What do you want to do when you grow up? Rather than just a question to ask children, we find people in their 50s and 60s on the verge of retirement asking this same question. If your vision of retirement is to golf every day then read no further. If you’re wondering what you’ll actually do with the next 30 or 40 years of your life, you may be relieved to know you’re not alone.
In fact, the whole concept of retirement is evolving as we slow the impact of aging and live longer. Marc Freedman, author of “The Big Shift: Navigating the New Stage Beyond Midlife” has coined a new phrase to identify the stage of life between middle and old age as the Encore Stage.
Freedman provides ten approaches for addressing this new phase ranging from changing our mindset about retirement to applying concepts often used by young adults as they transition into adulthood.
For example, explore the possibility of a “gap year” to pursue other interests or career opportunities. Intentionally taking time off for an extended period of time before returning to the workforce can reinvigorate an otherwise lackluster life through a period of self-discovery, new experiences and exploring other careers. It’s also not nearly as expensive as completely exiting the workforce.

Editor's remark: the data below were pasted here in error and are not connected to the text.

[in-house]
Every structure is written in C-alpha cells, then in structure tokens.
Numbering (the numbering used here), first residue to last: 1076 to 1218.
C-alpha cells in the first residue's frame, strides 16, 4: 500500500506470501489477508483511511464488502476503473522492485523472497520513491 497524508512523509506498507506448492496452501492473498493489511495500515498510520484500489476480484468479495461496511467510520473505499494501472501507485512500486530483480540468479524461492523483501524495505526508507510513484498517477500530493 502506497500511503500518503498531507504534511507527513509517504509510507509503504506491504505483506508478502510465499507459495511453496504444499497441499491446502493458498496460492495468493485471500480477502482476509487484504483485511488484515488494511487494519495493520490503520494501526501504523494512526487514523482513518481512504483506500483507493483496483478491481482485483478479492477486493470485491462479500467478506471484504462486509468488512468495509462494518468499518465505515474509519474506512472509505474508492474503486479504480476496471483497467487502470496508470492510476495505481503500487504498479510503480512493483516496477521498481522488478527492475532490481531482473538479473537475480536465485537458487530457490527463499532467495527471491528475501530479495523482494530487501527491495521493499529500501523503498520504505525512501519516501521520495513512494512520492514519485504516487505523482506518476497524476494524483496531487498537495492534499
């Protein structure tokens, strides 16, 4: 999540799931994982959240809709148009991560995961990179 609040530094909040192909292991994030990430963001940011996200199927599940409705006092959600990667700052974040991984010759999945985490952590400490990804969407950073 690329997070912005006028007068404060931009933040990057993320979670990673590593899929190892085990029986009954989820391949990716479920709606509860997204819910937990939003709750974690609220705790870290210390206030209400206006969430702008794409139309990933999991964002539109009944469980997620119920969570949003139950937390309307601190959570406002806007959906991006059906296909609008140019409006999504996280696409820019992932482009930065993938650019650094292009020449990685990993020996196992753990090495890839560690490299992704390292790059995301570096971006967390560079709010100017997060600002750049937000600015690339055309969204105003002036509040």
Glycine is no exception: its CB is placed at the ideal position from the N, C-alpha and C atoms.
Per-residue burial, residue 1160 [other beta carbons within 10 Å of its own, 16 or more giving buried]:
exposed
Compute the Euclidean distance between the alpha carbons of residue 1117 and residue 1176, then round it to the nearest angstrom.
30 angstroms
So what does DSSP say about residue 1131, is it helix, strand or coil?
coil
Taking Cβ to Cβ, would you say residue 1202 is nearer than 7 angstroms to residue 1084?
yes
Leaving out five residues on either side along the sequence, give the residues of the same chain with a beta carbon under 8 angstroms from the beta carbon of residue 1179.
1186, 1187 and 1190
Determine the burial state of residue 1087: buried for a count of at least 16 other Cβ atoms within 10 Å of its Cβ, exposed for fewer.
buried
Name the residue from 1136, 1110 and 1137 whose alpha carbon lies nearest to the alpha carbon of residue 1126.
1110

This concept is already in practice as evidenced by the number of people who “retire” only to re-enter the workforce after they find themselves bored with retirement. Another example is the practice of taking sabbaticals by university professors where they suspend their teaching duties for a semester to pursue research or other interests. Why not expand sabbaticals to other professions?
Another proposal is to reframe work from earning a wage to giving back through volunteer service. Not everyone needs earned income once they’ve achieved financial independence but everyone needs a purpose for living. Wasn’t it President Kennedy who asked Americans what they could do for their country in the 1960s? It’s not too late to fulfill that promise.
Ultimately, the greatest obstacle is our own attitude around what we’re supposed to be doing (i.e. work 40 years and retire at age 65 to never work again) which is really just someone else’s attitude from a different century. If each of us is going to thrive, we need to be able to answer the original question, what do you want to do when you grow up?